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5. (S) Biden added that the Administration's current review is designed to evaluate a resource allocation which deploys 30 USD in Afghanistan for every dollar spent in Pakistan, despite the fact that the current Al Qaida threat is in Pakistan. Biden said that the coalition should now consider re-focusing efforts on Pakistan to confront the current threat. Noting that the U.S. would profit little from a stable Afghanistan if nuclear-armed Pakistan is destabilized by Al Qaida, Biden argued forcefully for stepped up U.S. engagement on issues involving Pakistan, saying that he believes that the current Al Qaida threat has finally mobilized Pakistan's political and security establishments to engage. Both principles agreed that engagement with Pakistan needed to be packaged with efforts to deescalate tensions between Pakistan and India, as this lingering conflict presented a genuine possibility of escalating into a nuclear holocaust.
6. (C) On missile defense, Biden said that the recent U.S. decision had nothing to do with Russia, but rather had to do with a desire to better protect Europe. Saying that the original Bush Administration plan had been designed to protect the U.S., not necessarily Europe, the current Administration's plan would provide better protection against the emergent threat of nuclear-tipped Iranian short and medium range missiles. This new proposal based on the Standard Missile 3 (SM-3) architecture, would provide a real, proven capability to shoot down multiple incoming missiles, providing better defense for all of NATO. Basescu welcomed the new U.S. proposal, adding that Romania had never been fully satisfied with the previously proposed system, which would have done little to broadly protect NATO. If necessary, Romania would be willing to contribute to the costs of running a missile defense system.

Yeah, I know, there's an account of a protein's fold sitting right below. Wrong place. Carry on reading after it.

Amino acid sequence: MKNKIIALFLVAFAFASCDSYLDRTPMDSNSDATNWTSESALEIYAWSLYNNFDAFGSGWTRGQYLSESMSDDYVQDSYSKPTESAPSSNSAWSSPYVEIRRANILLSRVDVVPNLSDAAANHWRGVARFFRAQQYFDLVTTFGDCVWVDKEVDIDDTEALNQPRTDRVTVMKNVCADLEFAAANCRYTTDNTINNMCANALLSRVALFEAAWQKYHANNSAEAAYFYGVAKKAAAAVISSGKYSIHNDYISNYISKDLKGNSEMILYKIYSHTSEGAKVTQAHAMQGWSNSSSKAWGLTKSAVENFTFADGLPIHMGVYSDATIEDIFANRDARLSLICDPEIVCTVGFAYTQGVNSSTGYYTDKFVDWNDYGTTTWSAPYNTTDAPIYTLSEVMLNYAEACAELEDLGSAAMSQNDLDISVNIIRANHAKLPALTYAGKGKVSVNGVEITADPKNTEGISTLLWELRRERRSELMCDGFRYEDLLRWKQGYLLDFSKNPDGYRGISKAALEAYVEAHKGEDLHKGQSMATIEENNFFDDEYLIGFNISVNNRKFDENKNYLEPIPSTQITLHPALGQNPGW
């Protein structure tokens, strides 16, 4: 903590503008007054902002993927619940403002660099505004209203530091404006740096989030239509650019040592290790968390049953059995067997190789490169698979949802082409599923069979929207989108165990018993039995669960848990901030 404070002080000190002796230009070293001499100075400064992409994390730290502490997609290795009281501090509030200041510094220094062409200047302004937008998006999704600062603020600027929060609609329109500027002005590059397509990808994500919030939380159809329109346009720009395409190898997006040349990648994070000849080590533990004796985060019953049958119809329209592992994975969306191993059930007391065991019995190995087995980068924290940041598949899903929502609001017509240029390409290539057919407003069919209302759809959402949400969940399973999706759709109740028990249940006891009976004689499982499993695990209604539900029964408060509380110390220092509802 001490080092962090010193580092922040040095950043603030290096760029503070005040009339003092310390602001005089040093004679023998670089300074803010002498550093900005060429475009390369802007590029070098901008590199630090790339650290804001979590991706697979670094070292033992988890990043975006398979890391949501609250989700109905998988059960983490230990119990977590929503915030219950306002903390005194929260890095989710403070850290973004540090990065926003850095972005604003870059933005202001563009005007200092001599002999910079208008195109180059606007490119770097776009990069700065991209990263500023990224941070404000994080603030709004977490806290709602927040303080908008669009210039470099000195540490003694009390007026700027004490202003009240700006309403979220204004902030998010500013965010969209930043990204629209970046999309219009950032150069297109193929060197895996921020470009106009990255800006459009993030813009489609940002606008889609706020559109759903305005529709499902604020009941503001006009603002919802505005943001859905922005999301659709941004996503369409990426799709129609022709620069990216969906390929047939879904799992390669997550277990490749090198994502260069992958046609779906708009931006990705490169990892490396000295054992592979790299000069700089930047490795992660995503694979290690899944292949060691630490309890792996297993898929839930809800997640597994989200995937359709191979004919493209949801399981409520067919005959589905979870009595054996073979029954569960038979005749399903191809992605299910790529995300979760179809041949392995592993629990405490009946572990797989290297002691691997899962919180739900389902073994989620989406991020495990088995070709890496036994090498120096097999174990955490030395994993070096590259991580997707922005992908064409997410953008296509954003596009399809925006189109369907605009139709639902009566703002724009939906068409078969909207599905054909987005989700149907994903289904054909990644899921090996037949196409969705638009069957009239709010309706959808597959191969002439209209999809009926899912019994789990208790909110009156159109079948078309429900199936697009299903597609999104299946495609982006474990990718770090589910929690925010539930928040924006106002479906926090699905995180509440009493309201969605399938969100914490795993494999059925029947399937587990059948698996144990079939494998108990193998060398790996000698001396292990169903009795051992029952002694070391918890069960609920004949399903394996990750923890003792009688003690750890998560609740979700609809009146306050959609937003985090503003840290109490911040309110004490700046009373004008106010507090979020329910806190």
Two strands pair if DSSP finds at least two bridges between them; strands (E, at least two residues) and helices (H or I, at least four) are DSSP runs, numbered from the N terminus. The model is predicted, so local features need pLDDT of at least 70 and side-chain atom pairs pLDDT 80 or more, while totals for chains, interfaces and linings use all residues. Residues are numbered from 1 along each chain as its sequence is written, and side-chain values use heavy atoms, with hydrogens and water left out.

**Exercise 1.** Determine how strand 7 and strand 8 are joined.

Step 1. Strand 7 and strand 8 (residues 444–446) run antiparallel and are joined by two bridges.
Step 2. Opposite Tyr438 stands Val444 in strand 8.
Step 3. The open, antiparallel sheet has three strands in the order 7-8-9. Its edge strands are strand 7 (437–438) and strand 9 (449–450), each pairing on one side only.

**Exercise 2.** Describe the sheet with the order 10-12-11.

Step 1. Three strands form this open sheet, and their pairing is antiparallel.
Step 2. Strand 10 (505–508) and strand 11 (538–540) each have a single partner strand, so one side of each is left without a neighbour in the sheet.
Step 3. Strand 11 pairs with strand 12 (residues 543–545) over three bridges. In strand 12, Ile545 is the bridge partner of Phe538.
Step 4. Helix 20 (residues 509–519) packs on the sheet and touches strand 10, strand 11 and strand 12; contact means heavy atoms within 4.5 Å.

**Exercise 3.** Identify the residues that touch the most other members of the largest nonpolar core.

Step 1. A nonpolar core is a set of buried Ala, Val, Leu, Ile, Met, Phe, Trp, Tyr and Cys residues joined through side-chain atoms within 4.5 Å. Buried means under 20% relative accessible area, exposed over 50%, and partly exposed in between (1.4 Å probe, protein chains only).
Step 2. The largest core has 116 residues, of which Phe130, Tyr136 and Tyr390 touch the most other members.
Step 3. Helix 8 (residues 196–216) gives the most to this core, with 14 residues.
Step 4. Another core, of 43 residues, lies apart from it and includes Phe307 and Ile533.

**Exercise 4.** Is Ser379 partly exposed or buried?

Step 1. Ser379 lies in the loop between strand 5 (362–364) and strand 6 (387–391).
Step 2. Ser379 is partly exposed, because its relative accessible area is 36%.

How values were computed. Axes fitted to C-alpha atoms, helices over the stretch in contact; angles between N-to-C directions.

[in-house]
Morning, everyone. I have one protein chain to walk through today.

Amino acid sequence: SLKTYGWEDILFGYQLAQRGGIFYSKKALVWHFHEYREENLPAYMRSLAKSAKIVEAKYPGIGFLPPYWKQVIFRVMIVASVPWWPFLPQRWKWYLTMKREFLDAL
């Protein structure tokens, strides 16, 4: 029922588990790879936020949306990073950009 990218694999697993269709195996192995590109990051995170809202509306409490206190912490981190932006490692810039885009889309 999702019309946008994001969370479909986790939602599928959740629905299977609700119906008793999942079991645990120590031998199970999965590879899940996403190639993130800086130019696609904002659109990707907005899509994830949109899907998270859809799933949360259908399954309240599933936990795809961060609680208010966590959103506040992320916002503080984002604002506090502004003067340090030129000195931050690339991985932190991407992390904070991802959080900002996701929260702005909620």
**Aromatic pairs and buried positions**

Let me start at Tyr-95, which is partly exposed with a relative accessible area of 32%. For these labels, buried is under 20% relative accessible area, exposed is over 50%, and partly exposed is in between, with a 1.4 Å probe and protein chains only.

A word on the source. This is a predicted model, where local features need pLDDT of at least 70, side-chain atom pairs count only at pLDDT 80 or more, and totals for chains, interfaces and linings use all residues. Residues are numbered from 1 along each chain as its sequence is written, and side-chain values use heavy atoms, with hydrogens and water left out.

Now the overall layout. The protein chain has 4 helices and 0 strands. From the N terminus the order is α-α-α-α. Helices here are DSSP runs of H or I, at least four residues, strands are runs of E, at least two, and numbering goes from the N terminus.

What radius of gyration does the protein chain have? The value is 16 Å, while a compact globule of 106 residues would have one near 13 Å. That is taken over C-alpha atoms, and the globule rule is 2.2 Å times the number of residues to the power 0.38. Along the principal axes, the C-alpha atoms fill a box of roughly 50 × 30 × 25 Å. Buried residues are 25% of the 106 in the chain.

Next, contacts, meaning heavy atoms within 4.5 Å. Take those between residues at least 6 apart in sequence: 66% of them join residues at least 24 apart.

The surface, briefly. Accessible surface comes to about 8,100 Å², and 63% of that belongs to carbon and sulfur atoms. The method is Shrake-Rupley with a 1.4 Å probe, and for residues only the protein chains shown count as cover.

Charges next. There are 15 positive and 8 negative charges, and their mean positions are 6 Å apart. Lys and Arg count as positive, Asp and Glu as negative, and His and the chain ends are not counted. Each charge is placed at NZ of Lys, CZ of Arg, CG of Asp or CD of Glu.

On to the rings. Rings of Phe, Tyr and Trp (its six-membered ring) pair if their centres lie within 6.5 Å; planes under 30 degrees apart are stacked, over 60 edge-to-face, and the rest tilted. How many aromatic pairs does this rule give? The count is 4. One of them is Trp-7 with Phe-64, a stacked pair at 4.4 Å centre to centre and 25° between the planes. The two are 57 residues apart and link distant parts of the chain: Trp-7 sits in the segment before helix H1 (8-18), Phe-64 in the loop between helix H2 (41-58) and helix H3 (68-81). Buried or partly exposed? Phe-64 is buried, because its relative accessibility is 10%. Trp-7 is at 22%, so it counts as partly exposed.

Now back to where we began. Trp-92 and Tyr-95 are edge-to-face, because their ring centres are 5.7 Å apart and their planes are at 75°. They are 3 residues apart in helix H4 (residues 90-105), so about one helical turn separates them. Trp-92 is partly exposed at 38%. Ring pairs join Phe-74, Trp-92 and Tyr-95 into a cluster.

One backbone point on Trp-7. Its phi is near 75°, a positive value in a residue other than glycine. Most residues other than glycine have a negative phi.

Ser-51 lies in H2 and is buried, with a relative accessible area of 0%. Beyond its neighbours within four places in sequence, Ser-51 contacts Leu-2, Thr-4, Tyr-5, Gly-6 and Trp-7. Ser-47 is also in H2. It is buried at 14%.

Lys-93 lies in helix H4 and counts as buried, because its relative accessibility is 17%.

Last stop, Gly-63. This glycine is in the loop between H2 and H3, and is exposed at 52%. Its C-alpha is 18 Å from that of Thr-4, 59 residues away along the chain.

7. (S) Russia and Moldova are ongoing areas of special concern for Romania. This concern was exacerbated by the 2008 Russian invasion of Georgia and continued occupation of Abkhazia. While saying that the technology used by Russia in the Abkhaz military excursion was outdated and presented no direct threat to NATO, Basescu believes that Russia's intervention in former Eastern Bloc countries is a real and widespread problem. While Romania is always careful to keep Moscow from unduly influencing local politics, Basescu said, Romania is concerned about Russian influence in neighboring states. Highlighting Russian President Medvedev's proposed security strategy, Basescu firmly stated that Russian efforts to "get back what they lost" should be resisted. This concern manifests itself in Moldova, where a very fragile coalition government needs international support. Likening the current situation in Moldova to Romania in 1996, Basescu said bringing Moldova into the EU as part of the group of western Balkan nations remains a core goal of Romanian foreign policy. (Note: Basescu means linking Moldova,s accession to the EU to the notional timetable for western Balkan countries, versus thinking of Moldova as closer to Ukraine and Belarus, whose EU aspirations are a longer term goal. End note) This support should include, according to Basescu, a U.S. commitment to help Moldova obtain financial assistance from the IMF. Without this help Basescu believes that the current Moldovan unity government will collapse, restoring the communist party to power. Addressing the oft-repeated criticism that Romania has designs on Moldova, Basescu articulated Romania's goal as one of uniting all (ethnic) Romanians, both those in Romania and in Moldova, under the same umbrella of EU membership.